Friday, October 19, 2018

The Thin Blue line: Oklahoma City Police Department Pt 2

1889 Oklahoma City Police Dept. Flag
Wikimedia Commons,
By Alanna Radle Rodriguez and Judge Rodriguez

Hello Friends!
Thank you for joining us this month as we continue our series about first responders in our great state.

First allow us to say: we wish to pay our respects to the brave men and women of our military, and let them know our thoughts and prayers are with them, particularly those currently on deployment outside our country and away from their families.

However, we also wish to add our gratitude to those that serve outside of our military forces as well. Also called the thin blue line, this group of dedicated public servants serve to keep us, our families, and our property safe. Our hats are off to you, and our gratitude for all you do.
Last month, we recalled the story of the Oklahoma City Police department, up to when Bill Tilghman took over.
Bill Tilghman, 1912
Wikimedia Commons
Marshall Tilghman was the Chief of Police in Oklahoma City for two years (1911-1913), during which time he cleaned up not only the streets, but the police force as well. At the time crime was rampant, and Oklahoma City more closely resembled Dodge City in the mid-1870’s with brothels, saloons, and opium dens. At this time, there was also endemic corruption and brutality in the police force as well. In the two years Tilghman was chief, he was able to clean up not only the streets, but the police force as well. This had the effect of having OCPD be known as one of the most incorruptible forces in the US.
After Chief Tilghman left office, the officers of the OCPD continued his efforts, particularly with the prohibition of alcohol, prostitution, and drugs on the streets. During World War I, the police department established a motorcycle division, which survives to today. They also established a call-box system, in which officers on the beat were required to call in hourly status reports.

In the early 1920’s, OCPD added a mounted unit to patrol the residential districts. Around this time, the Sicilian, and Irish mafia had started gaining control of much of OKC. This prompted the police department to create a “raiding squad” which eventually became “Vice” and to increase the force from 90 officers, to 150. This also forced the department into becoming more of a force of professionally trained officers, rather than just a loose collection of “untrained badges”.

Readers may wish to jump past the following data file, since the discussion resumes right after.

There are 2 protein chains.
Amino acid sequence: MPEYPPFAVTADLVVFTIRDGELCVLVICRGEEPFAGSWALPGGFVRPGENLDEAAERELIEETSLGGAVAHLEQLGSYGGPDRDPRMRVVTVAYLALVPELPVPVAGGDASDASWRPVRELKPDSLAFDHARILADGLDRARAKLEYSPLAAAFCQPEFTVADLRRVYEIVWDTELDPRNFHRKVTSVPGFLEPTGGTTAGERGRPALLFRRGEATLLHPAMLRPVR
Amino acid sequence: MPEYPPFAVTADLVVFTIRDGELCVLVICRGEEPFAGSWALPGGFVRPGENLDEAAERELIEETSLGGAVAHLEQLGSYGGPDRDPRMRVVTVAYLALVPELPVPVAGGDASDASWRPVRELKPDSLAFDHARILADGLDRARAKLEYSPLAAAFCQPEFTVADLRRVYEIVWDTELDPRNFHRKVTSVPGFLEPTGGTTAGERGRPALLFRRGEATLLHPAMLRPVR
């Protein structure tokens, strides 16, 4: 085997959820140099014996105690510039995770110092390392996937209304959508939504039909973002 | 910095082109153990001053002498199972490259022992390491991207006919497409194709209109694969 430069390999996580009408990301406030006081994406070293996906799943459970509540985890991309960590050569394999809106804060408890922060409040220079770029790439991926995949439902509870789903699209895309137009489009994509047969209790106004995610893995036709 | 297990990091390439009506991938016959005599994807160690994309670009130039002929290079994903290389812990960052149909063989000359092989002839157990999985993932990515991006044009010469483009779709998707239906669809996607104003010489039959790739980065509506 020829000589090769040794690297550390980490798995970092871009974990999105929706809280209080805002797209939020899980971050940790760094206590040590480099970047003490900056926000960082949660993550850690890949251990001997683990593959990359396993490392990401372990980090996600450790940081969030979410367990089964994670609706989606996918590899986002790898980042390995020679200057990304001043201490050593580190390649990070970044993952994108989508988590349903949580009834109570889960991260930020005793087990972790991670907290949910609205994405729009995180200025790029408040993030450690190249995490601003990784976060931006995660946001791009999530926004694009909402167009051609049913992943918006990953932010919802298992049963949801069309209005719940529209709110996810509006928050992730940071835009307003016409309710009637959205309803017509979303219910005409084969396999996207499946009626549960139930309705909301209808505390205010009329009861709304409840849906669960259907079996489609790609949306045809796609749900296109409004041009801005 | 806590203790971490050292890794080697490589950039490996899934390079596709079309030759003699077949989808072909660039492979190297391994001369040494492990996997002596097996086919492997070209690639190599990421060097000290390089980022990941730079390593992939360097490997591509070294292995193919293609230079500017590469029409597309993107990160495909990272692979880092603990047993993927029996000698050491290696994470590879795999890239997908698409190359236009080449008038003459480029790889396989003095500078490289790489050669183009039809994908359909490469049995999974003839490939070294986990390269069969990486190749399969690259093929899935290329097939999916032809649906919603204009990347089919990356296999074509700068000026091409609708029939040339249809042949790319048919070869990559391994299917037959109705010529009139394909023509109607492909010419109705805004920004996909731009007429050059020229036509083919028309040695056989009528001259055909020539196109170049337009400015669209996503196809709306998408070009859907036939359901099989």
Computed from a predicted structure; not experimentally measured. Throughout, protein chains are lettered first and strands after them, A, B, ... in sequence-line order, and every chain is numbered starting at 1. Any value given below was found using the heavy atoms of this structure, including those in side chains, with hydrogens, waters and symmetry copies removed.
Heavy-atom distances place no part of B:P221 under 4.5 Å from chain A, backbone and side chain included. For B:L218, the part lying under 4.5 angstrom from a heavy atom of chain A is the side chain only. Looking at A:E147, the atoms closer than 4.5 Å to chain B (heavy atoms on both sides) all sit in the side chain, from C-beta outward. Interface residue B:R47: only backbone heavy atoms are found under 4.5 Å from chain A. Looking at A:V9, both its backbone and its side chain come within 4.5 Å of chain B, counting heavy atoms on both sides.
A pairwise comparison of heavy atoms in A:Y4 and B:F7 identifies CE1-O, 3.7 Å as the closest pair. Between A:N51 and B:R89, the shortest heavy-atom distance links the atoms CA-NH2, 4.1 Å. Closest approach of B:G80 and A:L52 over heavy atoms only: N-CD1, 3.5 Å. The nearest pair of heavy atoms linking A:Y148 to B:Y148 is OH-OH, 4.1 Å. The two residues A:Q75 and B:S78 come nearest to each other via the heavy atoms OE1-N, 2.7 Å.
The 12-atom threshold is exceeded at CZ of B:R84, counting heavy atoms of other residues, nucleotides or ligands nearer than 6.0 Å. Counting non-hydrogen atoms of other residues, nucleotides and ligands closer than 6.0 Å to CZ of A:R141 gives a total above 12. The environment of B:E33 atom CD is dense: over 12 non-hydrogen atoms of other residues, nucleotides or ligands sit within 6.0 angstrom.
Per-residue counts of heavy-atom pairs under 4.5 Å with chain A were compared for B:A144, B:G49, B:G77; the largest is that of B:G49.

The OCPD Raiding Squad with shotguns and tommy guns. Front center: Detective "Jelly" Bryce

During the Great Depression, however, OCPD also started up their “radio units”, which was a collection of patrol cars that had radios in them. One of the most notable officers from this time period was D.A. “Jelly” Bryce, known for his dapper appearance and for being a quick draw. He was featured in Life Magazine and was timed electronically at two-fifths of a second. It was stated in the article “if a criminal blinked at him, he would die with his eyes closed”.

Thank you, for joining us this month as we discuss a part of the history of the Oklahoma City Police Department, and please join us next month as we cover the history of the Department from World War II further.

Born and raised in Edmond, Oklahoma, Alanna Radle Rodriguez is the great-great granddaughter of one of the first pioneers to settle in Indian Territory. Judge was born and raised in Little Axe, Oklahoma, the son of A.F. Veterans. Judge and Alanna love the history of the state and relishe in volunteering at the 1889 Territorial Schoolhouse in Edmond. Her first published story, part of a collaborative novella titled Legacy Letters, came out September 2016. Alanna and Judge live with her husband and parents in the Edmond area. They are currently collaborating on a historical fiction series that takes place in pre-statehood Waterloo, Oklahoma.

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